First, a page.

• Just wanted to voice a little support for Cynthia’s point about the affect that organized religion has on people’s feelings of entitlement about food. I usually don’t mention that whole issue cause the meat-eating topic is already heavy to begin with. But yeah – it’s ironic that those who preach compassion and love feel that animals are beneath those feelings. Hmmm, maybe I’d be a church-goer if all living beings were truly included in those prayers.


    • Cynthia I do love Jane Goodall’s point of view. She’s so direct and clear when she expresses her views about the planet and ways to lighten our footprint. I hesitate to think mistreatment of animals relates to religions, since some religions and religious people are so completely mindful and careful about all the creatures. It’s so easy to misuse faith to justify misguided steps and even war, but faith can also lead toward clarity–sometimes better than science can. When I think about it, I don’t see a human’s place on earth as any different from any other creature and not above them–but I’m sure I’m in the minority with that one!


  2. So glad you’re enjoying an animal friendly diet. My tiny plastic co-writers and I stopped eating meat last November and are quickly making the transition to a vegan diet. I’m always interested to hear other people’s take on the hows & whys of choosing not to eat meat. Becoming involved at a local farm animal sanctuary has made it impossible to even imagine eating animal products ever again. I’m guessing that if most people had to spend one afternoon watching “Earthlings” and interacting with just one farm animal, the amount of our meat consumption would fall off a cliff. Fortunately, toys don’t really need meat.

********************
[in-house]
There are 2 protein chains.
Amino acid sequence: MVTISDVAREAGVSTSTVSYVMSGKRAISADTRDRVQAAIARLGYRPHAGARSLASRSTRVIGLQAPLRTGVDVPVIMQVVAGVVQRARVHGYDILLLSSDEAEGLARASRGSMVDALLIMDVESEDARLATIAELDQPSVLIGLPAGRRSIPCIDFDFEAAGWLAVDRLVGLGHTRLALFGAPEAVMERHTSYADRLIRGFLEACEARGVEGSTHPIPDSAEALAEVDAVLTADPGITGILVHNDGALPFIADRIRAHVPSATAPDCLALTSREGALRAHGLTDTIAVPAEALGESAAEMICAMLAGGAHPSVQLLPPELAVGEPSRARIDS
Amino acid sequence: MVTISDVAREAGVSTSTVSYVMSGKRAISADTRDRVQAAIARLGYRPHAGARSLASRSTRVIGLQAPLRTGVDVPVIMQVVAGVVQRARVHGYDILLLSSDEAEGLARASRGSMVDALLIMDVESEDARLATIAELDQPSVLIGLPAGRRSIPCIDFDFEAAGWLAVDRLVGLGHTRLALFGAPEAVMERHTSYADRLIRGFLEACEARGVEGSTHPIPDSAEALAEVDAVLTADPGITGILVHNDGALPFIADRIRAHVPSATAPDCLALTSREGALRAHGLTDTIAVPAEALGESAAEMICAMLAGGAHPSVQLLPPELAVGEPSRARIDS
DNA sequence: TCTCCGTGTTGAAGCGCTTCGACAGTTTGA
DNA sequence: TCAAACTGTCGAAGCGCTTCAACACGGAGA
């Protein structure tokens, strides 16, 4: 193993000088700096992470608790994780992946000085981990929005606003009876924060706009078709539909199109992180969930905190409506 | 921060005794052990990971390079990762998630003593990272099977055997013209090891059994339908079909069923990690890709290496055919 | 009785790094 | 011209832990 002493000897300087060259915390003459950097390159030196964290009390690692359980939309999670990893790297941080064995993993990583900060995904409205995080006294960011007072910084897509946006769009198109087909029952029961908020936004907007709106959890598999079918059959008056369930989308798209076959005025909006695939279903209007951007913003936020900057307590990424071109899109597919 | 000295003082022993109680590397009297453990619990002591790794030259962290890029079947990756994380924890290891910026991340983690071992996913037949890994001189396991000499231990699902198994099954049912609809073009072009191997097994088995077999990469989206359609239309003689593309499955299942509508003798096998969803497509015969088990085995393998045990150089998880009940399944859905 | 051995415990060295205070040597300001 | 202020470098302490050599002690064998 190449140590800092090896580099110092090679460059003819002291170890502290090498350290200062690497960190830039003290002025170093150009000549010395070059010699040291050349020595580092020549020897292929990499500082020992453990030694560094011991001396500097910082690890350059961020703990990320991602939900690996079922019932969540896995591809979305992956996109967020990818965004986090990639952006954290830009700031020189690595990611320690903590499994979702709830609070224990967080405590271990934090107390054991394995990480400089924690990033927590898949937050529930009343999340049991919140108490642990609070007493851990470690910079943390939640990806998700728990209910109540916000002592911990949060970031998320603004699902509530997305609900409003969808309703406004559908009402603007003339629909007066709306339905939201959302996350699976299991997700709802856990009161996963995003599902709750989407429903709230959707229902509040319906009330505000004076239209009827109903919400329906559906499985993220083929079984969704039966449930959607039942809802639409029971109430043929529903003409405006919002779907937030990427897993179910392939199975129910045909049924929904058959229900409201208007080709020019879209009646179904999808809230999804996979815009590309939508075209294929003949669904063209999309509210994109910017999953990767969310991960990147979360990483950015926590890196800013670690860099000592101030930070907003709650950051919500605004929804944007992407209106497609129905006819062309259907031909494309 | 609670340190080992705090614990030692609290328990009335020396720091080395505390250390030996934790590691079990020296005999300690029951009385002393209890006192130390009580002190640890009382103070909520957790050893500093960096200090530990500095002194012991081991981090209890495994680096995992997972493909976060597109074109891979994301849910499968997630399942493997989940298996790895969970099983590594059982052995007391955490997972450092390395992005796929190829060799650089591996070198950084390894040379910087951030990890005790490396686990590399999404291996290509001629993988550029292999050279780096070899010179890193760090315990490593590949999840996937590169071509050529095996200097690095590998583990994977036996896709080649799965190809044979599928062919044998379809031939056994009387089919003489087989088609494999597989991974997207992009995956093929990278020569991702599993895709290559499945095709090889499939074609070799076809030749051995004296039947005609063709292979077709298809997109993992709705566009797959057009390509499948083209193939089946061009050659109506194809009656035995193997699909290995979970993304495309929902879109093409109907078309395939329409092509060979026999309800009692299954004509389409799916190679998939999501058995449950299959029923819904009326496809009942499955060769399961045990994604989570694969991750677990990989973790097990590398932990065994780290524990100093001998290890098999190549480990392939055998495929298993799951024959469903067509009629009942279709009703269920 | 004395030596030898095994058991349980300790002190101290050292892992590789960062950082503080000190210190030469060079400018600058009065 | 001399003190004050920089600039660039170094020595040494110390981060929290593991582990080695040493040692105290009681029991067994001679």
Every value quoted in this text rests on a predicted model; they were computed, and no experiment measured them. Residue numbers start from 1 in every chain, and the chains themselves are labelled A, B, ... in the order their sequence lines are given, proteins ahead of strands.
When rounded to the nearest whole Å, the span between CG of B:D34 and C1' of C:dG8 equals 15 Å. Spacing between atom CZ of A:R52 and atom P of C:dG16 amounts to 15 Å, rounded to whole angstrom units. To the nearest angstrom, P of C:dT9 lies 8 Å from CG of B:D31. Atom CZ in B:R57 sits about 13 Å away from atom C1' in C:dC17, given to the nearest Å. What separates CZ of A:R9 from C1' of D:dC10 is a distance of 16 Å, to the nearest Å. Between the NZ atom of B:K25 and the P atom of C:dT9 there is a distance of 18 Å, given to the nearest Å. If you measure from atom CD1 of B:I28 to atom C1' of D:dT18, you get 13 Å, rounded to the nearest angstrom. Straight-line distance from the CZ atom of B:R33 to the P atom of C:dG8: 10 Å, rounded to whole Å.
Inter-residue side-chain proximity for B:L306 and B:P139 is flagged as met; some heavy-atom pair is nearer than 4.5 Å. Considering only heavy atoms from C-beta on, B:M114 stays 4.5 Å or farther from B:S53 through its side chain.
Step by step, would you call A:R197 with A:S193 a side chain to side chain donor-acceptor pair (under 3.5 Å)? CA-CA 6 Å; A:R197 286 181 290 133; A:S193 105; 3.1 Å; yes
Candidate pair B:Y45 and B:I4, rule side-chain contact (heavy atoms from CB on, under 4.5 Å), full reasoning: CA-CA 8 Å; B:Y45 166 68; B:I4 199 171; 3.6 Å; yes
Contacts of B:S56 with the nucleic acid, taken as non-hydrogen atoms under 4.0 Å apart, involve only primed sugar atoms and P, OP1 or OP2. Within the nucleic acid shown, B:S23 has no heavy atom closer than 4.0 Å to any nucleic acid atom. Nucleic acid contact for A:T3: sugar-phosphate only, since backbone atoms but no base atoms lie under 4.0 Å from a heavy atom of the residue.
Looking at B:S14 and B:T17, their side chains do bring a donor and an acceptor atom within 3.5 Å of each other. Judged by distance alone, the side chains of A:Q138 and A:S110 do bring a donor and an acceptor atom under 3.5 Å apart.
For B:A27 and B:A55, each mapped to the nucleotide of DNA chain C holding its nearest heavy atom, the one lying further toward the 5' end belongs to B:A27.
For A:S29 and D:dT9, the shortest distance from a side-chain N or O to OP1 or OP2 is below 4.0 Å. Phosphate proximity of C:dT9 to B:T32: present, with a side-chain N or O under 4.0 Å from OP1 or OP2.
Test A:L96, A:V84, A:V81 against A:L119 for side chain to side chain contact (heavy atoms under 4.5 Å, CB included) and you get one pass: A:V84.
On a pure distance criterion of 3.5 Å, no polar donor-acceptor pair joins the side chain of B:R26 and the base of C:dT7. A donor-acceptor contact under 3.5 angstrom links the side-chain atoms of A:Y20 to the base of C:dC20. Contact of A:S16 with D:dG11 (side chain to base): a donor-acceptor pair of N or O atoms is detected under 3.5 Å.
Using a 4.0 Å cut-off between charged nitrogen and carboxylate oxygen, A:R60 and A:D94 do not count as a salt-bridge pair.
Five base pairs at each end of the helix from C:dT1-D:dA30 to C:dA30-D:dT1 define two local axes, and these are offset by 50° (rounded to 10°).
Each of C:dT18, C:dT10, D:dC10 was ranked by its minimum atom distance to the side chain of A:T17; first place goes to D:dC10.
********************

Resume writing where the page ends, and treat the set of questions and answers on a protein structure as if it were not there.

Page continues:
• Jakethy I’m so happy you visited and commented about farm sanctuary. I’ve had a few direct experiences with creatures that traumatized me when it comes to meat eating. Family eating creatures I thought of as pets etc., stories for another day. I actually visited a place where pigs were processed that bordered on horror. The realism of it shook me up terribly. I agree that interacting closely with farm animals in a friendly setting could make all the difference, and hope we can add it to our educational curricula for children. There’s nothing quite like baby piglets and lambs for sweetness. Cute about the toys, and I love your site too.


  3. I love your post and it reminds me of how important nutrition is. I’m surprised it is not taught in schools as one of the basic important subjects. It seems far more important to me than learning how to notate chemical equations. Not to shoot that down, but why isn’t nutrition education more prioritized? It is essential. Perhaps that is part of why there are so many health issues.
    I am a vegetarian by birth, but if I had a choice I think I would choose to be a herbivore anyway! I’m mentally and emotionally withdrawn from the idea of eating animal products. Thank you for sharing these great thoughts ๐Ÿ™‚


    • Sophia what an important point, nutrition education could be an essential nutrient for feeding the mind! I hope we can give it more weight in school curricula. It’s something I’ve read so much about over the years and think about every time I eat.